Water Holes Cyn., AZ
In the Spring of 2003, I took a group of students and adult-advisors to the South Rim of the Grand Canyon. We started in Northern Utah and drove to the southern Utah/Arizona border.
We stayed the night at the Wahweap Campground near Page, Arizona. The next morning we got up early to explore a small slot canyon called Water Holes Canyon, 10 kilometers south of Page, on Highway 89 (to milepost 542). It is immediately west and south of the Navajo settlement of Leche-e. [The milepost 542, was next to the bridge spanning Water Holes canyon]. Water Holes Canyon drains northwest into Glen Canyon and the River, not far upstream from Lee’s Ferry.
Water Holes Canyon was a great little spot to see tight Navajo Sandstone narrows right off the highway. We could of walked upstream (east) of the bridge, or downstream. Both directions had narrows, but we decided to do the downstream version.
Immediately downstream from the the bridge, the access was blocked by an old car wedged between the walls, creating a fall. We downclimbed the rusty metal, (pictured below).
Continuing downcanyon (west) from the bridge are several dropoffs and short narrows. The locals from Leche-e had installed a ladder at the first drop-offs in 2003, (it may not be there anymore). [Pictured below].
Below the 3 meter ladder, the canyon alternated between open and narrow until reaching a 10 meter fall. We rappelled this into a pool of water and continued to the “Big Drop-off” of 110 meters. This is where we turned around and came out.
Sensuously curving walls arched high above us. They formed bulbous chambers wider at bottom than they were overhead, giving the canyon the feel of a cave illuminated by a single sunbeam. Soft light filtering through the narrow roof slit suffuses the complex curves of the walls, bathing their sweeping patterns with an ethereal glow, (pictured below).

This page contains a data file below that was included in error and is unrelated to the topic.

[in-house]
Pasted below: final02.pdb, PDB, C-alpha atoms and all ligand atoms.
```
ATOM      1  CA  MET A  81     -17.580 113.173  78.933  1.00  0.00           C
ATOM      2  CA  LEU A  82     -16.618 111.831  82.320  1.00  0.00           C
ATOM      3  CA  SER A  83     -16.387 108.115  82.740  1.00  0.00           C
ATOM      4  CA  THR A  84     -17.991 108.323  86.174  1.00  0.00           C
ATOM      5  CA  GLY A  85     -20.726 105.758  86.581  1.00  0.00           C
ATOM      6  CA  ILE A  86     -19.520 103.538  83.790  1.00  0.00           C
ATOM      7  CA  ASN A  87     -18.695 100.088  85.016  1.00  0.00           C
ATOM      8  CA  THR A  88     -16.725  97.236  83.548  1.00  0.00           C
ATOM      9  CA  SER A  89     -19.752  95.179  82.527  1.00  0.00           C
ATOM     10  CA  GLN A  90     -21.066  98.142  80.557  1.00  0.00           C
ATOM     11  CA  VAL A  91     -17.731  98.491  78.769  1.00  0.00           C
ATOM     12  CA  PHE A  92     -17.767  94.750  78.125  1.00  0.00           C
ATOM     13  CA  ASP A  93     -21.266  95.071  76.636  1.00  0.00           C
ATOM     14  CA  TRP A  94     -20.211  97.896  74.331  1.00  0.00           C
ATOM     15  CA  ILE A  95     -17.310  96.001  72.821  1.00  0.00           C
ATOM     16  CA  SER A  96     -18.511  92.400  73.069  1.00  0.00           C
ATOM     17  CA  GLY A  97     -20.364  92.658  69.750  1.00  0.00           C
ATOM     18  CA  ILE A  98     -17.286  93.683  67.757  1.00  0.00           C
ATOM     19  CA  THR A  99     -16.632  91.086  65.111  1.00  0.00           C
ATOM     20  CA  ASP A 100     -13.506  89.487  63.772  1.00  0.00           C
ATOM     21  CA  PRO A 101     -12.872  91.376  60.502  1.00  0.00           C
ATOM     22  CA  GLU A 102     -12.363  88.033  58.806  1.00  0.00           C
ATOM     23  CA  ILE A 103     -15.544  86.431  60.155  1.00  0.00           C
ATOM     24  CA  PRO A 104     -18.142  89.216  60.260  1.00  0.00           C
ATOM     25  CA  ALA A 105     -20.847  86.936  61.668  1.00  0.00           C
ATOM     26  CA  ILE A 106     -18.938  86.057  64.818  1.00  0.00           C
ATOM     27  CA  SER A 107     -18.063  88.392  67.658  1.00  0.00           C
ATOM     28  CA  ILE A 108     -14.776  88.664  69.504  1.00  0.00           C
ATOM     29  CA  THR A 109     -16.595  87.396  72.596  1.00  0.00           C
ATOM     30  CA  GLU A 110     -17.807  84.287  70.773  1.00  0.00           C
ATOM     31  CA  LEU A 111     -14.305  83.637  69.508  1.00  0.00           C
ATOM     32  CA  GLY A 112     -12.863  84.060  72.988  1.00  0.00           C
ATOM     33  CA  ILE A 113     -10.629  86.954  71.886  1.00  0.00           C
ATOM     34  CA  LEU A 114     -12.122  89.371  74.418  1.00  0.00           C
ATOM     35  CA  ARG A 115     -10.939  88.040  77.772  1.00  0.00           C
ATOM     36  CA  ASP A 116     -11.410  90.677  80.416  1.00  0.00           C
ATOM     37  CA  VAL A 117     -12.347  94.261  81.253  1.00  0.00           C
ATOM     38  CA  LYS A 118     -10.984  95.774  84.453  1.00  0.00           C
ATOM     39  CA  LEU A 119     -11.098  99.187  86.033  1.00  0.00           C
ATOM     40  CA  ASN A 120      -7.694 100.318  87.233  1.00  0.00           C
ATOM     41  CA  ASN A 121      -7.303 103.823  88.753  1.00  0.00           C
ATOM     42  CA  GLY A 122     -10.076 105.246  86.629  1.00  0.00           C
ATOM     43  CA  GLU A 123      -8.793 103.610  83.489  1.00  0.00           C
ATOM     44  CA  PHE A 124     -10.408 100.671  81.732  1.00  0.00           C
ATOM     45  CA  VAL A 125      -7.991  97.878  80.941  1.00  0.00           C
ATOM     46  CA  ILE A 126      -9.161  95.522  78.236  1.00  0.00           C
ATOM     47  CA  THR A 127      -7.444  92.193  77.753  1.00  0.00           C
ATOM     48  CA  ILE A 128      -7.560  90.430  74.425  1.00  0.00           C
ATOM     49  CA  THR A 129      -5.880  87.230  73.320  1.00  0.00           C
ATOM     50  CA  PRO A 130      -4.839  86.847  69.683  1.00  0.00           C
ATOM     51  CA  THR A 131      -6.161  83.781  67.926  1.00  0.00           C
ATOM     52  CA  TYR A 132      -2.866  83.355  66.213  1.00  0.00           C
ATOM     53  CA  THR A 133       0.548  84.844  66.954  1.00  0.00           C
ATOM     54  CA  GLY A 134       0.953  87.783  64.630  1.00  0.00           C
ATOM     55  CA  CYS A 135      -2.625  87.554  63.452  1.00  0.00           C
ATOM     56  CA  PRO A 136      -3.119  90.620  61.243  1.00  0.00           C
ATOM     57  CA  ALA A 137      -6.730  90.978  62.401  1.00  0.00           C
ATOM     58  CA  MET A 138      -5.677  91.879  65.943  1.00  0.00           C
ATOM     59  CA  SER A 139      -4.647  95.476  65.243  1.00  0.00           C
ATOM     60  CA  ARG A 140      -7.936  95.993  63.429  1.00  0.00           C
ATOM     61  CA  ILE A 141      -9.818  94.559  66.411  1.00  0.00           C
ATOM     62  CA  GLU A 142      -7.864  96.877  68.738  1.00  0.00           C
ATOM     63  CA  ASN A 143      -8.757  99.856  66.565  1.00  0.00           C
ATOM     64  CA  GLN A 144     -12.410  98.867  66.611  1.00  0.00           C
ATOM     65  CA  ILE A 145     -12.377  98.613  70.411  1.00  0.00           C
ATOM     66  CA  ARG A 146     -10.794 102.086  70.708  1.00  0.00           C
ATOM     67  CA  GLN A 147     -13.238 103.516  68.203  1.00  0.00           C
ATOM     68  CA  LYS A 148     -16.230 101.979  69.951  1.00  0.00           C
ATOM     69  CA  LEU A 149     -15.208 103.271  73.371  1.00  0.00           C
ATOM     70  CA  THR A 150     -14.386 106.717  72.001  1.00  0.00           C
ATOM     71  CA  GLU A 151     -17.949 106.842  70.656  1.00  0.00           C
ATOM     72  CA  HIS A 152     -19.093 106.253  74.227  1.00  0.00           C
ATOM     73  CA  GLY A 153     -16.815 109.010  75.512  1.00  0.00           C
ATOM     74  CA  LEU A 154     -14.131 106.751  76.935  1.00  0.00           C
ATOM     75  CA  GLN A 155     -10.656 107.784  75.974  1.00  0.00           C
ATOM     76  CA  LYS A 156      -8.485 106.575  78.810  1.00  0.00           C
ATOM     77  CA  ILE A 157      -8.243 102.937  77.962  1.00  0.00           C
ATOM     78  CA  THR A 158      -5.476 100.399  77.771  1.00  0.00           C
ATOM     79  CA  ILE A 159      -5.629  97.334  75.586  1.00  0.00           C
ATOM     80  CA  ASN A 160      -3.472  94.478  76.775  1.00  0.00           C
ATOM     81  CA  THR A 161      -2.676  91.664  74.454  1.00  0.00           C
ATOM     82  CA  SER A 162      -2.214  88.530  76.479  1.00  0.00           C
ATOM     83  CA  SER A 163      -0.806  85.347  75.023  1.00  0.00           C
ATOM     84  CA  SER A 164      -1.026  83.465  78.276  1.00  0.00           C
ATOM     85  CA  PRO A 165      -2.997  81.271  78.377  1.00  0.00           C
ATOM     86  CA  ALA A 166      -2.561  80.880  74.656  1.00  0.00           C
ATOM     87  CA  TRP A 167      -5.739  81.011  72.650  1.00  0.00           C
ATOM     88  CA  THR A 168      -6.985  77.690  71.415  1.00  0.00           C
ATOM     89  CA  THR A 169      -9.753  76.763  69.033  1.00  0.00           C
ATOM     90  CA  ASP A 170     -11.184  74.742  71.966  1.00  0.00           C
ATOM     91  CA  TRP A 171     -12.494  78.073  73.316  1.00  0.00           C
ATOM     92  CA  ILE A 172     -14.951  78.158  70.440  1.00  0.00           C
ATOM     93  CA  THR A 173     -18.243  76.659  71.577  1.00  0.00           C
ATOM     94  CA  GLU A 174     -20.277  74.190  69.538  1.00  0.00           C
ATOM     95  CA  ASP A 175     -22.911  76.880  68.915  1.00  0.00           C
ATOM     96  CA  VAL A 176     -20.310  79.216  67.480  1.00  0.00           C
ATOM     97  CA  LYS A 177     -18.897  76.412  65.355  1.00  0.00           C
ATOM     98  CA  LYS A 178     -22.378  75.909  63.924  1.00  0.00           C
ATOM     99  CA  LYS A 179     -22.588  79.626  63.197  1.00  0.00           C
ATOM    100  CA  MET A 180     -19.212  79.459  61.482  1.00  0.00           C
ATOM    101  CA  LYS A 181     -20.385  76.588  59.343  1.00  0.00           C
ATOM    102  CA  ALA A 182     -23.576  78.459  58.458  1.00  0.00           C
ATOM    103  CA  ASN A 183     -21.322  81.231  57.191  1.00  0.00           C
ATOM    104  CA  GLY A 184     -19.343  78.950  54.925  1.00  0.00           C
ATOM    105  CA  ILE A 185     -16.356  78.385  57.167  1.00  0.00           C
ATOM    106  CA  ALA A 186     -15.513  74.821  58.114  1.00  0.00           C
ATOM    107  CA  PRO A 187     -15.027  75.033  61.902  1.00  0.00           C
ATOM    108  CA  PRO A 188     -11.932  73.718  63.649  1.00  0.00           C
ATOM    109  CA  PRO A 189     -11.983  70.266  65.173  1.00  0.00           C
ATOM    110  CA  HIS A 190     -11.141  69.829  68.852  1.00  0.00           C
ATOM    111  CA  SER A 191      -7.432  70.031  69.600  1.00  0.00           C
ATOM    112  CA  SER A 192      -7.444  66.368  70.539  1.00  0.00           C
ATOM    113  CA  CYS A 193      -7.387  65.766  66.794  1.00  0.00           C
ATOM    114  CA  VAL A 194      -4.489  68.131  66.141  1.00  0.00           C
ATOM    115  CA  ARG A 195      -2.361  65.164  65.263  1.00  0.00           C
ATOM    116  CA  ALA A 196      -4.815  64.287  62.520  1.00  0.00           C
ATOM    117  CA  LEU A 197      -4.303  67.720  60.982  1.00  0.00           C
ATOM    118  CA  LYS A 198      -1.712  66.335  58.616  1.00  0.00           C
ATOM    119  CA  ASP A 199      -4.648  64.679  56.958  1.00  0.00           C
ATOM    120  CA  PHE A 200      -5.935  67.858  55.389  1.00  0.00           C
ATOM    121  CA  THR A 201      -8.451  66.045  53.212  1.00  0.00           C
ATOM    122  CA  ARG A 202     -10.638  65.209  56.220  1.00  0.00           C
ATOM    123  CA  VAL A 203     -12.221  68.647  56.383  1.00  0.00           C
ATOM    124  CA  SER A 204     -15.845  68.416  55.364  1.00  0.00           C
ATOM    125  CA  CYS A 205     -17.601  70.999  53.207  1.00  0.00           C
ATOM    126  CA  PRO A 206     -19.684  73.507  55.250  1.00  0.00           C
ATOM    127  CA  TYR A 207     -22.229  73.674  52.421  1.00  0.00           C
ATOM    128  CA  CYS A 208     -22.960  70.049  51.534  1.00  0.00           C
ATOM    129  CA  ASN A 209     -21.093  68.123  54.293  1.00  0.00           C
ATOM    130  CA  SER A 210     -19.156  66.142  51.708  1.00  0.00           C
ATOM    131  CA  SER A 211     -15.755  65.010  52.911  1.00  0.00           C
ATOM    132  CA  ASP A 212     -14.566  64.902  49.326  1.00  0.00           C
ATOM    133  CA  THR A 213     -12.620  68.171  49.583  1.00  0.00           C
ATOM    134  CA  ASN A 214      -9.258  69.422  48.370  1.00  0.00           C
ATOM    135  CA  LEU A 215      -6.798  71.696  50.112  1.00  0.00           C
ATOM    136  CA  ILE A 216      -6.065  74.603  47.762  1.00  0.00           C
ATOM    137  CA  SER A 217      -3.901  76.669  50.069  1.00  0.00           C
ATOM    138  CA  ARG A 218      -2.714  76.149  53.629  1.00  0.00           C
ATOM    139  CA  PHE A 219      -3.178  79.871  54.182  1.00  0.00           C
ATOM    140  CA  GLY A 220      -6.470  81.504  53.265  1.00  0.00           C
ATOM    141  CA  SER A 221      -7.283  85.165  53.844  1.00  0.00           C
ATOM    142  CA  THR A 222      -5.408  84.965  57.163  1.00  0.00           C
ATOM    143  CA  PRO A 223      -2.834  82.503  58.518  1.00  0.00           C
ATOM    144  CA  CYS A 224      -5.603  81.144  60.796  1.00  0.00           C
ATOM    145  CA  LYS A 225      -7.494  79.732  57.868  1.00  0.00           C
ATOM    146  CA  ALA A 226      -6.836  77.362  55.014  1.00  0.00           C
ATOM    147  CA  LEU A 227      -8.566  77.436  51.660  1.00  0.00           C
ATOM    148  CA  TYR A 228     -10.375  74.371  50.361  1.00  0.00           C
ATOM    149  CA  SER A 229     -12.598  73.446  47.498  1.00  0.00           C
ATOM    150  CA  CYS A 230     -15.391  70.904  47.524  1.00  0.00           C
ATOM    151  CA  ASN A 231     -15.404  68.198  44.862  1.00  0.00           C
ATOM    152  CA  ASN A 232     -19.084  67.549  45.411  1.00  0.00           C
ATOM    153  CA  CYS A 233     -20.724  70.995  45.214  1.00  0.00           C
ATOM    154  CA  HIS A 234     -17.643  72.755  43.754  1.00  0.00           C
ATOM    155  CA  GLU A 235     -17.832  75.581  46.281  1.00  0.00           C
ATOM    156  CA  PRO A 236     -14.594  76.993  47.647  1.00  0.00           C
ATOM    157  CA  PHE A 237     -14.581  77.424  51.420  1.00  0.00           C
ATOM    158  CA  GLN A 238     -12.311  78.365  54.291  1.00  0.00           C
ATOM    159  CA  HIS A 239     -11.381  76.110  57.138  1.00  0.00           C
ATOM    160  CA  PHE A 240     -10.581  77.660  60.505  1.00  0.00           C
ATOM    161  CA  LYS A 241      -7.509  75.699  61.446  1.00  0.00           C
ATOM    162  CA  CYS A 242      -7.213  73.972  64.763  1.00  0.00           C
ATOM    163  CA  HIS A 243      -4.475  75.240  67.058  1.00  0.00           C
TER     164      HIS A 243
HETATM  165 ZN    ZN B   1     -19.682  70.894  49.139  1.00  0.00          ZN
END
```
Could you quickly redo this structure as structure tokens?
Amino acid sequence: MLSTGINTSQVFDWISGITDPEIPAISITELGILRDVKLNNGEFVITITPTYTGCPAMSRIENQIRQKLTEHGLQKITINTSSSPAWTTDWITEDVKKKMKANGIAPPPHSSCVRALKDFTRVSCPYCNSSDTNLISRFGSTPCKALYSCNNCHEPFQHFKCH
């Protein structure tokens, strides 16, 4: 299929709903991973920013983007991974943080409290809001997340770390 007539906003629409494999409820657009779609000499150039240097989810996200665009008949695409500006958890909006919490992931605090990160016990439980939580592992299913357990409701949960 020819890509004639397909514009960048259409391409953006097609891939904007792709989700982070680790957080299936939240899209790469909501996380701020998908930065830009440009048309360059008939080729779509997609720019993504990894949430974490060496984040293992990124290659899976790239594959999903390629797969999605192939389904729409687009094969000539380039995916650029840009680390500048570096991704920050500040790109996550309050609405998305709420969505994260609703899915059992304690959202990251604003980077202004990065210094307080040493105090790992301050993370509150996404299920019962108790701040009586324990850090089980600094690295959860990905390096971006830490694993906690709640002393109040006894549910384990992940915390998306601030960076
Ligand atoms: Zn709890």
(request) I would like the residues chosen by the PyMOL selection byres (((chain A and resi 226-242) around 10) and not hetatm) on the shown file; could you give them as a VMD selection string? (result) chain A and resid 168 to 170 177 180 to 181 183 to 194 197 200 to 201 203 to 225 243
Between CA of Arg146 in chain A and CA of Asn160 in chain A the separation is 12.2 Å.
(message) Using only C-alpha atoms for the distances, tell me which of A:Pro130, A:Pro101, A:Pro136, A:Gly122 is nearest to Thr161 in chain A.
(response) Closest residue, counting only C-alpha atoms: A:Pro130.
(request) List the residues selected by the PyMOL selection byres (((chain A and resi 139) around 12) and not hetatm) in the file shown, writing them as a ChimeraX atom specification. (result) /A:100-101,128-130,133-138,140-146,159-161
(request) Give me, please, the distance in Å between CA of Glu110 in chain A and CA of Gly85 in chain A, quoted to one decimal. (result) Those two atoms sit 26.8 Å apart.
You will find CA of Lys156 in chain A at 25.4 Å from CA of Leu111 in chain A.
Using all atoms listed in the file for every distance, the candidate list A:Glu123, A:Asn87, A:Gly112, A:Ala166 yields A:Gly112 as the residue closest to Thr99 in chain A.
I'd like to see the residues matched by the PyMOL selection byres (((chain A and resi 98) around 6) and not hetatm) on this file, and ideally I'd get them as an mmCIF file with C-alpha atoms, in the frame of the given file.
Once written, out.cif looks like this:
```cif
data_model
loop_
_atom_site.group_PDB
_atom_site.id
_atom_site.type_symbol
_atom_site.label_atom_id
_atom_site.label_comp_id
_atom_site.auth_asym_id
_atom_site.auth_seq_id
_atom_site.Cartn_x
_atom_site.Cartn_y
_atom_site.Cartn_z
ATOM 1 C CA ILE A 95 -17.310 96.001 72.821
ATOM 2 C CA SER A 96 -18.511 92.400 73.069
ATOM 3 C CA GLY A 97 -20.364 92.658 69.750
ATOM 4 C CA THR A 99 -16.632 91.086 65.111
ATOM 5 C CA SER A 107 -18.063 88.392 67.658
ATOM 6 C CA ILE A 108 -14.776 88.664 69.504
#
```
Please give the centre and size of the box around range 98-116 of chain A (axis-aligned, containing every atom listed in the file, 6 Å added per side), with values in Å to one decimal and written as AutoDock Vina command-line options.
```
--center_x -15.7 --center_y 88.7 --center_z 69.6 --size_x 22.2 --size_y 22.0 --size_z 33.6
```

The interactions between sunlight and the particular orientation and shape of this canyon make for dazzling lighting effects, scattering sunbeams and unveiling the brilliant fire within.
Pictured above, true slot canyons are unusual features, even in northern Arizona and southern Utah, which have the highest concentration in the world, (a few dozen spread across an area the size of Indiana). The key to comprehending why slot canyons are relatively plentiful in this corner of the globe is to understand how, when, and where they develop.
There are several prerequisites for the formation of a slot. Though the exact recipe can vary, the basic ingredients include resistant rock, water, and a youthful landscape. Not surprisingly, only certain rock types are well suited to forming slot canyons. First and foremost, a nearly perfect layer must be exposed. This raw material must be uniformly hard and strong to composition, with few weaknesses or flaws.
Because it’s grains have been patiently sorted by wind, desert dune sandstone satisfies these stringent requirements. In particular, the Navajo Sandstone, seen in the walls of Water Holes Canyon, comprises on e of the thickest layers of pure sandstone found anywhere on earth and is thus ideally suited to host slot canyons.
Deposited between 192 and 178 million years ago, the Navajo Sandstone is the remarkable legacy of a great sand sea that once stretched from here to modern day Wyoming. Comparable in size to the Sahara, this ancient desert hosted and dunes that towered 330 meters high. Pictured above and below, the sweeping lines we see in the Water Holes Canyon walls are a direct inheritance now frozen in time, from these ancient dunes.
Pictured above, notice some of the thousands of individual laminations, each thinner than a sheet of cardboard, that comprise Water Holes’ walls. Notice how they seem to come in groups, with one package tilting crazily one way, and a separate group just above or below slanting in a different direction. Scientists call each tilted lamination a cross-bed and each package of parallel cross-beds a cross-set. Nearly horizontal lines called bounding surfaces separate cross-sets from one another. In this area, the Navajo Sandstone blankets the land horizontally, parallel to the bonding surfaces, largely undisturbed by the tectonic forces that have swept this region over the last 192 million years. However, this sandstone were deposited at steep angles; each of the thousands of cross-beds we see in the walls preserves a single sand avalanche down the inclined face of an ancient sand dune.